Deters dairy works with three active generations

Deters Dairy was established in 1895. It was set up as an LLC in 2013, with Jeff and Karen and their eldest son, Shane, and his wife, Amanda. Pictured are front row: Karen. Back row (from left): Jeff, Shane and Jeff’s dad, Bernard.

Deters Dairy was established in 1895. It was set up as an LLC in 2013, with Jeff and Karen and their eldest son, Shane, and his wife, Amanda. Pictured are front row: Karen. Back row (from left): Jeff, Shane and Jeff’s dad, Bernard.

By Jennie Zeitler
Staff Writer
jennie.zeitler@ecm-inc.com

Three generations of the Deters family keep busy with their dairy between West Union and Sauk Centre. There is always something to do with 575 cows to milk.

Jeff and Karen, along with eldest son Shane and his wife, Amanda, set up the farm operation as a limited liability company (LLC) in 2013.

“We had started to get our wills set up and do other estate planning,” Jeff said. “We work with Mike Mastey, a farm business management instructor.”

The biggest challenge that Karen noted was Jeff (who has never lived off the farm) giving up control to the LLC.

“It’s kind of complicated, understanding how the LLC works,” Karen said. “It’s making decisions by discussion, instead of just him deciding to do things.”

Amanda took over the bookkeeping and payroll and is working closely with Mastey.

The century farm was established in 1895 by Jeff’s great-grandfather and then farmed by Jeff’s grandfather, Henry.

Jeff’s father, Bernard, is still helping out on the farm, though he calls himself an “errand runner.”

“He kept farming some of the land until about 1995,” Jeff said. “Then he helped us all the time. He still does errands, some tractor driving, checks fences and tinkers with stuff.”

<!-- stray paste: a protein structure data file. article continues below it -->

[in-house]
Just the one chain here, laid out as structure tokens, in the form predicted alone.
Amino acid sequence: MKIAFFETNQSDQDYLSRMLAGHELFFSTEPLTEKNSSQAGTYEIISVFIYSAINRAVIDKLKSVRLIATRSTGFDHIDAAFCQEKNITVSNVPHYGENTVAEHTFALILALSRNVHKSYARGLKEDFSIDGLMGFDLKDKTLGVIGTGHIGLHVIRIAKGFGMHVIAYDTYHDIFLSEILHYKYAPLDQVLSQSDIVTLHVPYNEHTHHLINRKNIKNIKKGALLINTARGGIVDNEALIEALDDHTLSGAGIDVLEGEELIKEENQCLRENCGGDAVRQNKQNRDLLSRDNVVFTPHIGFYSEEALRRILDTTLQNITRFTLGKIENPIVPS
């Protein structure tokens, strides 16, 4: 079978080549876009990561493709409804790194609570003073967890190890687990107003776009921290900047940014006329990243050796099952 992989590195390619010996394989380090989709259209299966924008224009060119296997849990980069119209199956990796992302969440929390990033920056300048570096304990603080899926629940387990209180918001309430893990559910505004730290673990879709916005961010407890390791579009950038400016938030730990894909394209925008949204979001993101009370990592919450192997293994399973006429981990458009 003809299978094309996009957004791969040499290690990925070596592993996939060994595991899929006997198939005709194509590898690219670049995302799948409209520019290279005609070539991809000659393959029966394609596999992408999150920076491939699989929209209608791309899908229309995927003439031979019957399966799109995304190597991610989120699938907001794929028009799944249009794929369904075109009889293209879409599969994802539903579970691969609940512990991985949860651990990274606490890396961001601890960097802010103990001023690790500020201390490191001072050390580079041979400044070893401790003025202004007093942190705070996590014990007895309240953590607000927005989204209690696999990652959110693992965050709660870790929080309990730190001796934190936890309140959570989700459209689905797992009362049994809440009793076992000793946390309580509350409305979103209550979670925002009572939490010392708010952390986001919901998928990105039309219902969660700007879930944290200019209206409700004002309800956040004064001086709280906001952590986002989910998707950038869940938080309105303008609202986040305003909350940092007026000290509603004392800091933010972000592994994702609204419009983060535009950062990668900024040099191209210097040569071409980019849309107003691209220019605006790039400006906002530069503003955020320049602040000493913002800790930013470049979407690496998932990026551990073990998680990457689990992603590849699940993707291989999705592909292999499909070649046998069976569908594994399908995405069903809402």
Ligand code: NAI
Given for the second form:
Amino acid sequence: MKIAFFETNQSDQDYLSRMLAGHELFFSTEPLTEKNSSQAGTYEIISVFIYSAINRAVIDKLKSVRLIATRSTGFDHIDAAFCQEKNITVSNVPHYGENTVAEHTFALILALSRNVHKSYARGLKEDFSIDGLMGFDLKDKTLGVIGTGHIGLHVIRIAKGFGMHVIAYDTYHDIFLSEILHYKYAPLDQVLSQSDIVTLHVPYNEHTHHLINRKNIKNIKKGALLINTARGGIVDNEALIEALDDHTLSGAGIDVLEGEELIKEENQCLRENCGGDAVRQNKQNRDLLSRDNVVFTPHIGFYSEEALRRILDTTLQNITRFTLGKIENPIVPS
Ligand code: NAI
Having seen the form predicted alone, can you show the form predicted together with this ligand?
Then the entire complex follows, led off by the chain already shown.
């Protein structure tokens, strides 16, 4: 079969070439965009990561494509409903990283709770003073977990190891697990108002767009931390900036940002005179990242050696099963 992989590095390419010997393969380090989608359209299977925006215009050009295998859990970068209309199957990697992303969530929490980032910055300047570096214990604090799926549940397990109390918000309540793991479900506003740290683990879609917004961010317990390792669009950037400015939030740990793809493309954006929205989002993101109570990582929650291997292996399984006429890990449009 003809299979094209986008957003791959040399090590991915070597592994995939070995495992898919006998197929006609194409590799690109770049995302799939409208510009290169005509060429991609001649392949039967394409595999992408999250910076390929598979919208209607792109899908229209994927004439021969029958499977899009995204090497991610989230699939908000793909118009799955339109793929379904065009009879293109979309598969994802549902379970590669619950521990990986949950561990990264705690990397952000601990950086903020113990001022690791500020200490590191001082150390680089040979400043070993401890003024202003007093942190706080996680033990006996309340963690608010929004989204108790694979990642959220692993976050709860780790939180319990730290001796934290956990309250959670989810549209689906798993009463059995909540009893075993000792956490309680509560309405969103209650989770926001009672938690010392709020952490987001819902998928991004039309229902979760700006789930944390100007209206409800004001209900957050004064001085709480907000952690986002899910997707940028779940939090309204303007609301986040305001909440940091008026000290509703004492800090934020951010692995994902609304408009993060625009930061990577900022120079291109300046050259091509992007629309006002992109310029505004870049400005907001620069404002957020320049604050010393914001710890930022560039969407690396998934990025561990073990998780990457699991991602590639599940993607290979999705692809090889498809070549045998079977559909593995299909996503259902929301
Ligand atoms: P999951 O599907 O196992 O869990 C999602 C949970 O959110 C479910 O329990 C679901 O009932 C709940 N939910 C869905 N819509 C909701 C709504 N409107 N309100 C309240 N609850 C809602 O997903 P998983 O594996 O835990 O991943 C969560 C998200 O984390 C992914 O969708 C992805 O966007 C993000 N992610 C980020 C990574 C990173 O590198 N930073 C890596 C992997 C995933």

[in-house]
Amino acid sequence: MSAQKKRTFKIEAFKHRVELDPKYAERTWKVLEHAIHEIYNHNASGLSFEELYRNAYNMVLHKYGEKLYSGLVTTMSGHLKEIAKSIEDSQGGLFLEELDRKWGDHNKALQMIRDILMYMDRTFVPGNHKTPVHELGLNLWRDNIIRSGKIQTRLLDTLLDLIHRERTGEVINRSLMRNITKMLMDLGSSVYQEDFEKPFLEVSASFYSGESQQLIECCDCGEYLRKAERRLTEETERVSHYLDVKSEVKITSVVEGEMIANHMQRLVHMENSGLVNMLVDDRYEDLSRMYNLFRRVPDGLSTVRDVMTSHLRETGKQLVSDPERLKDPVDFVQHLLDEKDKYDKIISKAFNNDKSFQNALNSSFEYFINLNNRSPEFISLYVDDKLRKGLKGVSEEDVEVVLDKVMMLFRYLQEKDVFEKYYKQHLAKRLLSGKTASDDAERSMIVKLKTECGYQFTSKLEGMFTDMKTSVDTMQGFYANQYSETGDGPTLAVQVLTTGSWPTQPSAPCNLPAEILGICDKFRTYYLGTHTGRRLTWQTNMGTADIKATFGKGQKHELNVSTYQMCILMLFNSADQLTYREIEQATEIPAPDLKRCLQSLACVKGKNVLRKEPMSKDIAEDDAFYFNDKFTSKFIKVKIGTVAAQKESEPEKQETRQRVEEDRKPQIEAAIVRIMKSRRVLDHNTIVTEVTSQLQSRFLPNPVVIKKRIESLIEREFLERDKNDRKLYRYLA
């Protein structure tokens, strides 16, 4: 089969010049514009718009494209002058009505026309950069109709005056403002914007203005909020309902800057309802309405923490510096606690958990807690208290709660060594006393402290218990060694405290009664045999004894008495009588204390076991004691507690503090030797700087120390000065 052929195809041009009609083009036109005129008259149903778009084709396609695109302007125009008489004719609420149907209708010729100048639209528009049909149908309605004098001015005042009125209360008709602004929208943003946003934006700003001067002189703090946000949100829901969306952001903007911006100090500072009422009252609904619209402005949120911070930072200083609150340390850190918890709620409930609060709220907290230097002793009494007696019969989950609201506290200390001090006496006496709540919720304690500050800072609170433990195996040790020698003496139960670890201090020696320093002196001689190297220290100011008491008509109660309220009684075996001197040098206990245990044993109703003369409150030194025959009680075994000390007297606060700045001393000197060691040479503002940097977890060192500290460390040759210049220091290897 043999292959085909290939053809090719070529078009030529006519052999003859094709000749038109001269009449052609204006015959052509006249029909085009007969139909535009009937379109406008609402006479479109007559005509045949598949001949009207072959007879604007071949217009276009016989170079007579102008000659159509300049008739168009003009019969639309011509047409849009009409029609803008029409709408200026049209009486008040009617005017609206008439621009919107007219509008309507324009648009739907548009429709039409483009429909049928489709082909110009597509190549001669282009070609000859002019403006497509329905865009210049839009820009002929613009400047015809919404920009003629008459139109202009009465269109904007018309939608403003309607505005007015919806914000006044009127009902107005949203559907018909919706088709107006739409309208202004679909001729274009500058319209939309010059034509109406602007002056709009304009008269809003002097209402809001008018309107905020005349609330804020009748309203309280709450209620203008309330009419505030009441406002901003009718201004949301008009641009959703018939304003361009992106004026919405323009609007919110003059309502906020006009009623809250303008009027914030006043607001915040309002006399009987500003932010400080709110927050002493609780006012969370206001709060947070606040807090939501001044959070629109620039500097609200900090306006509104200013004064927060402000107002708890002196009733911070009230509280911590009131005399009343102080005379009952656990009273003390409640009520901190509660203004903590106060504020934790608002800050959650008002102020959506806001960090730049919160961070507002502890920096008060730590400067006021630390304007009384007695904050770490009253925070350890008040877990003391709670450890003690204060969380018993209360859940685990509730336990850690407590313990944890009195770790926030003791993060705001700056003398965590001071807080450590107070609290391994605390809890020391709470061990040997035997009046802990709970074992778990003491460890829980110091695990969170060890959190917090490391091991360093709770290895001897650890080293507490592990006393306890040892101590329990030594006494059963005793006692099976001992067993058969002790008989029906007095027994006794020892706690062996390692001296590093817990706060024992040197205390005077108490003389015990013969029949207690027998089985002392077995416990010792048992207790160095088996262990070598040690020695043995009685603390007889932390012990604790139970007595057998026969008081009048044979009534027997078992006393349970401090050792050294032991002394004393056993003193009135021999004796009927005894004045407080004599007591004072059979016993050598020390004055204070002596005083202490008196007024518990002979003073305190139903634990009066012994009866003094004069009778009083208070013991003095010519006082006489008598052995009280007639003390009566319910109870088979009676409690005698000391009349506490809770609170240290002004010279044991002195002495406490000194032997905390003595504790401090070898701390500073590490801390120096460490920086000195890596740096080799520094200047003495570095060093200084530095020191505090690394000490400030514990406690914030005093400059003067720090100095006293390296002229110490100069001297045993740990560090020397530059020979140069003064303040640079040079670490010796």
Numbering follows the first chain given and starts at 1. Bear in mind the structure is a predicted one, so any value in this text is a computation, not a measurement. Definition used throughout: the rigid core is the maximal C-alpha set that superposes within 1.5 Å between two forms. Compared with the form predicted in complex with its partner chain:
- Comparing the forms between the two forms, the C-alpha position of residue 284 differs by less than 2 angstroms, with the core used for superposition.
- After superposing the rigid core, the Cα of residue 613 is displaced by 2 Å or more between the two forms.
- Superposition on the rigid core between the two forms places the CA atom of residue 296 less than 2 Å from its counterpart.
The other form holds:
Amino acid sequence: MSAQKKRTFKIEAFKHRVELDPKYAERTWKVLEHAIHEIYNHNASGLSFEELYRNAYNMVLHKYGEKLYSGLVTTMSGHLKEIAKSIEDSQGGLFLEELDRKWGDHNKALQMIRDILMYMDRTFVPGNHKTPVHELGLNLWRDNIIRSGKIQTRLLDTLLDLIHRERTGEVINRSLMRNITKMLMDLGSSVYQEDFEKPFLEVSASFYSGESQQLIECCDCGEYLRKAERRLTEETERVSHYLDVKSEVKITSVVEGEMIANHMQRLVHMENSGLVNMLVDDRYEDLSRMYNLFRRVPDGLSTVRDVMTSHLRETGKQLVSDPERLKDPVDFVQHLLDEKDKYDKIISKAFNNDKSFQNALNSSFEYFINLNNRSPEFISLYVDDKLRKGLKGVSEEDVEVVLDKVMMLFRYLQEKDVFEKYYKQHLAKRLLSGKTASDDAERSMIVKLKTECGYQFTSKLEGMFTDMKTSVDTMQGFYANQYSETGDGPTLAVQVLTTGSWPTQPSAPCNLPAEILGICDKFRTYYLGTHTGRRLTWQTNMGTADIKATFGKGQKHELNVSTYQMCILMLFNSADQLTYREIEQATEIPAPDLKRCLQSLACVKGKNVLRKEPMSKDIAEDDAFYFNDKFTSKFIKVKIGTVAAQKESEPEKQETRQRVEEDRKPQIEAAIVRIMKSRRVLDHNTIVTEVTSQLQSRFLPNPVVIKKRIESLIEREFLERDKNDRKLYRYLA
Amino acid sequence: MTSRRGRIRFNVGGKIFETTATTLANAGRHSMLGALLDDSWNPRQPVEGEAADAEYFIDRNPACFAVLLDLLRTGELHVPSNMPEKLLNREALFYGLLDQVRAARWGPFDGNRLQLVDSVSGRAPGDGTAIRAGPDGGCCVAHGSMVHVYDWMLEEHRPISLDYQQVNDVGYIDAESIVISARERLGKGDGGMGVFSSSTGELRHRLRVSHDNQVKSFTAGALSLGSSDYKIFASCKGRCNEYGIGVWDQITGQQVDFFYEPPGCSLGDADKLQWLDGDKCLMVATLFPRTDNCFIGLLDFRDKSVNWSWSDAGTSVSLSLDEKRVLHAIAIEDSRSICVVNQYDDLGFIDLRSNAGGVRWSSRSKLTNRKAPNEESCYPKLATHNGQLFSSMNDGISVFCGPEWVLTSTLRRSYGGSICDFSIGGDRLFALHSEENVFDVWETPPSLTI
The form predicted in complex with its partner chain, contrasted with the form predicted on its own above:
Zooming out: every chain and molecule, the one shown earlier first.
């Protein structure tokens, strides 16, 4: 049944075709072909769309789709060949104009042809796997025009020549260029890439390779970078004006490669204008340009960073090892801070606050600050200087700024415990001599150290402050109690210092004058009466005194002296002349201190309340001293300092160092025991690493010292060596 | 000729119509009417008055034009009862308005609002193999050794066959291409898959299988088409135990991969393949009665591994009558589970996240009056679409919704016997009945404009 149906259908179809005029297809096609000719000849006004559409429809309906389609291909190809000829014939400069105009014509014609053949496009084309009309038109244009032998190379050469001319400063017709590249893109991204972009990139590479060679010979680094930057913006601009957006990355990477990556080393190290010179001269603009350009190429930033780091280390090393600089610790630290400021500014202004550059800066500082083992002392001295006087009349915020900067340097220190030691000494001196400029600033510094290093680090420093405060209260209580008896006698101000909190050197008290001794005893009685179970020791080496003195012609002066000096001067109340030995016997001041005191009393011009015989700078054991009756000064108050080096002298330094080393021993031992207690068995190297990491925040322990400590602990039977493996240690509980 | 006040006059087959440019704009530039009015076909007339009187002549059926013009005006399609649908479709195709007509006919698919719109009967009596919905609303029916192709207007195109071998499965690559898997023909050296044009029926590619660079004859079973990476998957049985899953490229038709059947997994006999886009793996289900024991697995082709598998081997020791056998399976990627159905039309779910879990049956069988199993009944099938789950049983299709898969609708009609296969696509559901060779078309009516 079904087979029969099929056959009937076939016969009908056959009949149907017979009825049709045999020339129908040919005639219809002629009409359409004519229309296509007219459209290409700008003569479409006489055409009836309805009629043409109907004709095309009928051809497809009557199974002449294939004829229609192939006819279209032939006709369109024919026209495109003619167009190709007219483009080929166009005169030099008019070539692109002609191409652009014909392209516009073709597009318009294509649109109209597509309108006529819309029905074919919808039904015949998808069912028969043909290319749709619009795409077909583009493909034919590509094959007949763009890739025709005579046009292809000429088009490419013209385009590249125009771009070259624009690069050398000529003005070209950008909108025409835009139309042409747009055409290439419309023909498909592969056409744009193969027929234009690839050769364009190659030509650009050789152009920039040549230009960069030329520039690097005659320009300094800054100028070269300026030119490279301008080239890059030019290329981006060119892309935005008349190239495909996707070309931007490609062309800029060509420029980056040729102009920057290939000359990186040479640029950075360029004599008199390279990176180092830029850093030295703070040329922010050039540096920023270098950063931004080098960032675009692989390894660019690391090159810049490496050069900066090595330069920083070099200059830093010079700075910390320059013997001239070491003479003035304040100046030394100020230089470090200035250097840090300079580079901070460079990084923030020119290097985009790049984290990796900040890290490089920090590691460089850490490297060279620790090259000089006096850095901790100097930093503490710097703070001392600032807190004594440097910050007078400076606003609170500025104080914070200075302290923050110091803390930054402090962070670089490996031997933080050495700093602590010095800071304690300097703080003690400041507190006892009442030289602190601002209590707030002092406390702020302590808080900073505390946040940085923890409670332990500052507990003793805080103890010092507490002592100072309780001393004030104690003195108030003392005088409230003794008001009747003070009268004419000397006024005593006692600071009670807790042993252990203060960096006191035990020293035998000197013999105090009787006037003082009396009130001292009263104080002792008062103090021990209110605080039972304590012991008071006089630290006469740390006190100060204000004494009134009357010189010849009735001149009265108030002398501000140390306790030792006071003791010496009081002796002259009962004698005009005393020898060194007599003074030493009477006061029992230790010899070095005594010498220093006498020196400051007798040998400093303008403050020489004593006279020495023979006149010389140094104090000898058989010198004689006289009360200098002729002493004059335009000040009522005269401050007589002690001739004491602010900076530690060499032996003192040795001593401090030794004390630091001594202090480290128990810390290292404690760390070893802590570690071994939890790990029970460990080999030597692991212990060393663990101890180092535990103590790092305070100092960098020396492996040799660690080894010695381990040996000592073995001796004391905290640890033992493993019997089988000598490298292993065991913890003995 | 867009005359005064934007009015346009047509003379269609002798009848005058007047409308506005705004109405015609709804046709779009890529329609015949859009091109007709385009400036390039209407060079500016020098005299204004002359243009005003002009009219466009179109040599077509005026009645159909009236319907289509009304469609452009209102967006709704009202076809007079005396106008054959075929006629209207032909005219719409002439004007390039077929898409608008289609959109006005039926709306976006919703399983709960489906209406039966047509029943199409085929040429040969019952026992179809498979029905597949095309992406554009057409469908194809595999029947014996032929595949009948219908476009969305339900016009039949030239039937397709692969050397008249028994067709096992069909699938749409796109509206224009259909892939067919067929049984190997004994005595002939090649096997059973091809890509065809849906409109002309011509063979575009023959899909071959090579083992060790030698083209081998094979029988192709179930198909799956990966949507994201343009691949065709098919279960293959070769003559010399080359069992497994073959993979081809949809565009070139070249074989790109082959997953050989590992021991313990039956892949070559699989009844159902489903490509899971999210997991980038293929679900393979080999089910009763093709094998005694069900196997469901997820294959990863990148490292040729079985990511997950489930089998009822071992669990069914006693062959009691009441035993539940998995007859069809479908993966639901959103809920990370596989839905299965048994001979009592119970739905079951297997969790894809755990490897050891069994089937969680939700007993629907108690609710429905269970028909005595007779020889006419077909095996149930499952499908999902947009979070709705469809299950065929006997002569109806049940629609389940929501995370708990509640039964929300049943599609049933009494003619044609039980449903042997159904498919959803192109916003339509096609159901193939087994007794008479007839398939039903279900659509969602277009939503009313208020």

Jeff bought the cows from his dad in 1981. He rented the farm buildings and some of the land. He and Karen lived just across the road for their first five years of married life, then moved to the old house in 1984, after Jeff’s parents built a new home across the road.

Jeff bought the farm in 1990, and he and Karen built a new, larger house in 1994. With eight children, the room was needed.

The farm’s original barn was replaced with a new barn when Jeff was 2 — a stanchion barn for 40 cows.

“When I was in sixth grade, we changed from a bucket milker to a pipeline milker,” Jeff said.

The first thing Jeff did after buying the farm was to build a silo. Next came an addition to the barn, which increased their milking capacity to 80 cows.

After renting some equipment from his dad for a number of years, Jeff started buying some of his own equipment in about 1987.

Not too long after the addition to the barn, it was remodeled for tie stalls. A few years later, the Deters started grain farming, and built the first of the grain bins.

Once Shane finished high school and his parents saw that he was truly interested in farming with them, they encouraged him to work off the farm.

“We told him he had to go work somewhere else for a while so he would know what it was like to work for someone else,” said Jeff.

“He came back here after about four months and wanted to continue farming,” said Karen. “Then he went to Ridgewater’s two-year dairy management program, with an added semester for a business degree.”

Around that time the Deters family began a major expansion that they’re still working on. In fall of 2001, they bought a new herd, bringing the number of cows being milked up to 160.

In February 2002, a new barn was completed with free stalls and by April they had purchased two more herds of cows, bringing the total to 320. They also bought 75 heifers from a different farmer.

After a couple of “miserable” years of milking by rotation, they completed their parlor transition to a double 12 parallel parlor. They had also added an office, a break room and a rest room.

“Before that, Jeff sat on a bucket with a cardboard box as a desk,” said Karen with a chuckle.

“We added to the free stall barn in 2007, and now are milking 575,” said Jeff. “We did the whole project in steps to keep the costs down.”

“I can’t imagine doing anything different,” Karen said. “It’s the best place to raise a family.”

“Ever since I was little I was a ‘cow nut,’” said Jeff. “I loved the cows and still do.”

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